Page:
Laurie Mercier hosts this show featuring live music from Wobble Wobble, singers of labor songs. Also on the program, Bill Resnick talks with climate expert Daphne Wysham about responses to climate change that enrich the poluters and Frann Michel explores the ups and downs of academic studies of happiness.
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We'll talk about these two Organizations, how they help the Communities they serve, and ask YOU the Listeners to call in with YOUR Volunteer, Non-Profit stories. What do YOU do to make the World a Better Place?
DO Call-in with your volunteer story, 503-231-8187
Host Sue Supriano interviews Max Rameau about Take Back the Land, which he founded in 2006. The group initiated a bold campaign that sparked a national movement: they began taking over foreclosed and government-owned homes, and moving homeless families into them. They have successfully moved in over 20 families to date, and many have used the opportunity to save up money and get back on their feet.
The other day, in line at the grocery store, I noticed that the cover of Real Simple magazine's January issue invited me to "be happier this year." I can't tell you about the "9 surprising strategies to get you there," because I was pretty sure that spending $4.99 on the magazine was not one of them.
It's that time of year, when Jo Ann and Dave review which of our public figures deserve a gift in their stocking and which deserve a lump of coal, such as Senator John McCain for his blind opposition to "don't ask, don't tell"; Governor-elect John Kitzhaber for stonewalling single-payer health care advocates once again; and even closer to home, Portland Police Chief Reese and his public position on participatory democracy.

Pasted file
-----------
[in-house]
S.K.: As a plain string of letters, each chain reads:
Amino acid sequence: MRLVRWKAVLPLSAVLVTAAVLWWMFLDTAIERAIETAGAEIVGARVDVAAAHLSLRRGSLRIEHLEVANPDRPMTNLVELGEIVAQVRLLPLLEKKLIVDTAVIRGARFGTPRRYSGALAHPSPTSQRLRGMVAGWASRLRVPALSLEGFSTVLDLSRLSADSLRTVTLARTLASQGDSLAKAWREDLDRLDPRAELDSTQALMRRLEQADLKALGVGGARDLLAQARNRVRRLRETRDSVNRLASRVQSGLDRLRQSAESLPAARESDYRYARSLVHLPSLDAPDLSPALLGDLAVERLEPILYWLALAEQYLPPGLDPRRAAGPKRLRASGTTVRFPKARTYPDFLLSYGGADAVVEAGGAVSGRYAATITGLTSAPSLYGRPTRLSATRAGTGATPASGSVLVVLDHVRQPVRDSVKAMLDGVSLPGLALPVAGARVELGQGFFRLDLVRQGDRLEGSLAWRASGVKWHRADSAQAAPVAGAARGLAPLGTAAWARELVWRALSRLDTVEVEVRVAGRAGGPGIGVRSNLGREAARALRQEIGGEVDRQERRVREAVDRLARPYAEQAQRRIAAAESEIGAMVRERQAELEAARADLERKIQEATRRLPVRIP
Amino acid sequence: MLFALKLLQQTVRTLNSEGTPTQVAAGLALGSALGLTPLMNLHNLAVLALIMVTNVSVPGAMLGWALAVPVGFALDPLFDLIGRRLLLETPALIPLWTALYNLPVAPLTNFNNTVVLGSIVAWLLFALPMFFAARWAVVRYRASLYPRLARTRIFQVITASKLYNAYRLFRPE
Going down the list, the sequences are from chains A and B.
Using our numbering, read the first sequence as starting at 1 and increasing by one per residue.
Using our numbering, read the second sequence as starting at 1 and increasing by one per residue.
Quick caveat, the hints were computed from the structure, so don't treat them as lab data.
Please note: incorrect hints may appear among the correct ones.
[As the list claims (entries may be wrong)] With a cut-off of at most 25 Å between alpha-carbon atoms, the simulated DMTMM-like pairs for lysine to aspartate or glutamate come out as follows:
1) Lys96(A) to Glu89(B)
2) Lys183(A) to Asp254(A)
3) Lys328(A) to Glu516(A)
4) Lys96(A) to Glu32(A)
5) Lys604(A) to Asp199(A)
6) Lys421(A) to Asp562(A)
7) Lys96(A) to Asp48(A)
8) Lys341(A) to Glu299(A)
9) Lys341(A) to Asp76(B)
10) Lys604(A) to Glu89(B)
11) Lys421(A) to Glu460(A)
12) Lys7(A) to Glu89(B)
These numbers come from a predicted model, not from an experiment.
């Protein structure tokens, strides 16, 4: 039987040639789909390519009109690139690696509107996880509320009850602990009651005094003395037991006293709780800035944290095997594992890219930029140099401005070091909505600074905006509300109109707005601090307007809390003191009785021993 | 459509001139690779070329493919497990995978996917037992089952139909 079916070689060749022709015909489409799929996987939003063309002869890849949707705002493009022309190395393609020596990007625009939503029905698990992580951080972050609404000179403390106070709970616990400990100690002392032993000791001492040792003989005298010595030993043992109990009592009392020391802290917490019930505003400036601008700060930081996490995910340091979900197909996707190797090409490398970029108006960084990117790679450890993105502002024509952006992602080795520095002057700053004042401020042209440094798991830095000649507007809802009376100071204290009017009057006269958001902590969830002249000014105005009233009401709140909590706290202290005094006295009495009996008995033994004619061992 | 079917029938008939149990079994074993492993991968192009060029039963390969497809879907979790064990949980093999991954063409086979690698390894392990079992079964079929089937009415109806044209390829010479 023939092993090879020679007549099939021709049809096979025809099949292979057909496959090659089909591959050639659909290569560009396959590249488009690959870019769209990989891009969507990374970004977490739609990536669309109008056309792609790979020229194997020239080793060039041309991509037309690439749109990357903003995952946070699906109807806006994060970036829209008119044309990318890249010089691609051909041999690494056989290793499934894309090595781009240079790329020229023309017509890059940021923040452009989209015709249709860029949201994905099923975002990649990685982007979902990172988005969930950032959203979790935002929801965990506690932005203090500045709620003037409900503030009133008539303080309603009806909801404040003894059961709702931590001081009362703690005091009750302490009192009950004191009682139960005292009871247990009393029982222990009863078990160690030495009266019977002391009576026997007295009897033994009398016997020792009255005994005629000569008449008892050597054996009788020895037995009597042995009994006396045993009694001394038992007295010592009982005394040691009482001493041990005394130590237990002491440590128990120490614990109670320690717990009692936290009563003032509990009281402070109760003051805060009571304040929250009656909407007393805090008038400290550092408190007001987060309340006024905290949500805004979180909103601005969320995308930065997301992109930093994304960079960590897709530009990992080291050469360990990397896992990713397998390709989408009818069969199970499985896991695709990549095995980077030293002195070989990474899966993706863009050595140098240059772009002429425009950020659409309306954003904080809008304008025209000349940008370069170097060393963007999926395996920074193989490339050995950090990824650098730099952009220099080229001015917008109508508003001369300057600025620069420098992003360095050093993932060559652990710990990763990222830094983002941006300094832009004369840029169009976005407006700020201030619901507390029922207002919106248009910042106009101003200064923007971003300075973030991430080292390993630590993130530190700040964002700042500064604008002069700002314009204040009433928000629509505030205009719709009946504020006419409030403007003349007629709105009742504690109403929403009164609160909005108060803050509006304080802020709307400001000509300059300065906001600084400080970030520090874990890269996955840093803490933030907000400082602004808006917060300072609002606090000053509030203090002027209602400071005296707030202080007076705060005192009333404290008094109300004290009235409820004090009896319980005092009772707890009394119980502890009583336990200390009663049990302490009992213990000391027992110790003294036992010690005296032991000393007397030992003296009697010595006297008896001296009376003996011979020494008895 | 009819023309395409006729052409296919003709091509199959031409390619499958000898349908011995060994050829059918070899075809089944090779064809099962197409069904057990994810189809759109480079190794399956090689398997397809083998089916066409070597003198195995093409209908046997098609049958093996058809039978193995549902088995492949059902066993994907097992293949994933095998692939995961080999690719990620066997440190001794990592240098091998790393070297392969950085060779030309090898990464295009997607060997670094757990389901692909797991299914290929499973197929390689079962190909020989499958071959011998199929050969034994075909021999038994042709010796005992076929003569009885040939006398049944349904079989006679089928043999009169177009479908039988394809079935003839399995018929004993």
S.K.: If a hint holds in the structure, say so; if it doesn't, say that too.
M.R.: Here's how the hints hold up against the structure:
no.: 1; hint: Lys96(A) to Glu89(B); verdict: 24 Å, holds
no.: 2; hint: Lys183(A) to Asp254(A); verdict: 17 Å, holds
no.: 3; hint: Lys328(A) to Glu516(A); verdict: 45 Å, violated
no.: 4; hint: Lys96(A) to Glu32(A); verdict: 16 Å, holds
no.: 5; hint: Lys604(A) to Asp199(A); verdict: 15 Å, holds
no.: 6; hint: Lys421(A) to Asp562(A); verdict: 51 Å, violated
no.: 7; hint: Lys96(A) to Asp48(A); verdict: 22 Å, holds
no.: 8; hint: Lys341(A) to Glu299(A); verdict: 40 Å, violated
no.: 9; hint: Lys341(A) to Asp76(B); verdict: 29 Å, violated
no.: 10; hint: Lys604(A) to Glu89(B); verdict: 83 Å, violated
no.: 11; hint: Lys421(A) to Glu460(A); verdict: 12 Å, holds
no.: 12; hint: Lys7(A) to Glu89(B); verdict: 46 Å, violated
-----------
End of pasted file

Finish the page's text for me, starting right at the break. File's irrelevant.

Listeners called in and shared their holiday list of candidates.
Jo Ann Bowman is a former state legislator, former executive director of Oregon Action, and a long-time leader in the struggle for racial and economic justice.
We've all heard of peak oil, but what about peak hafnium, or peak terbium? Hafnium, which is important in computer chips, could be depleted by 2017, and terbium, used in florescent light bulbs, by 2012. Most other ores are also in decline. One solution is to recycle these materials, but how? Janet Unruh is a Portlander who believes that everything can be recycled 100% – provided we learn how to design things properly and set up the right systems for materials recovery.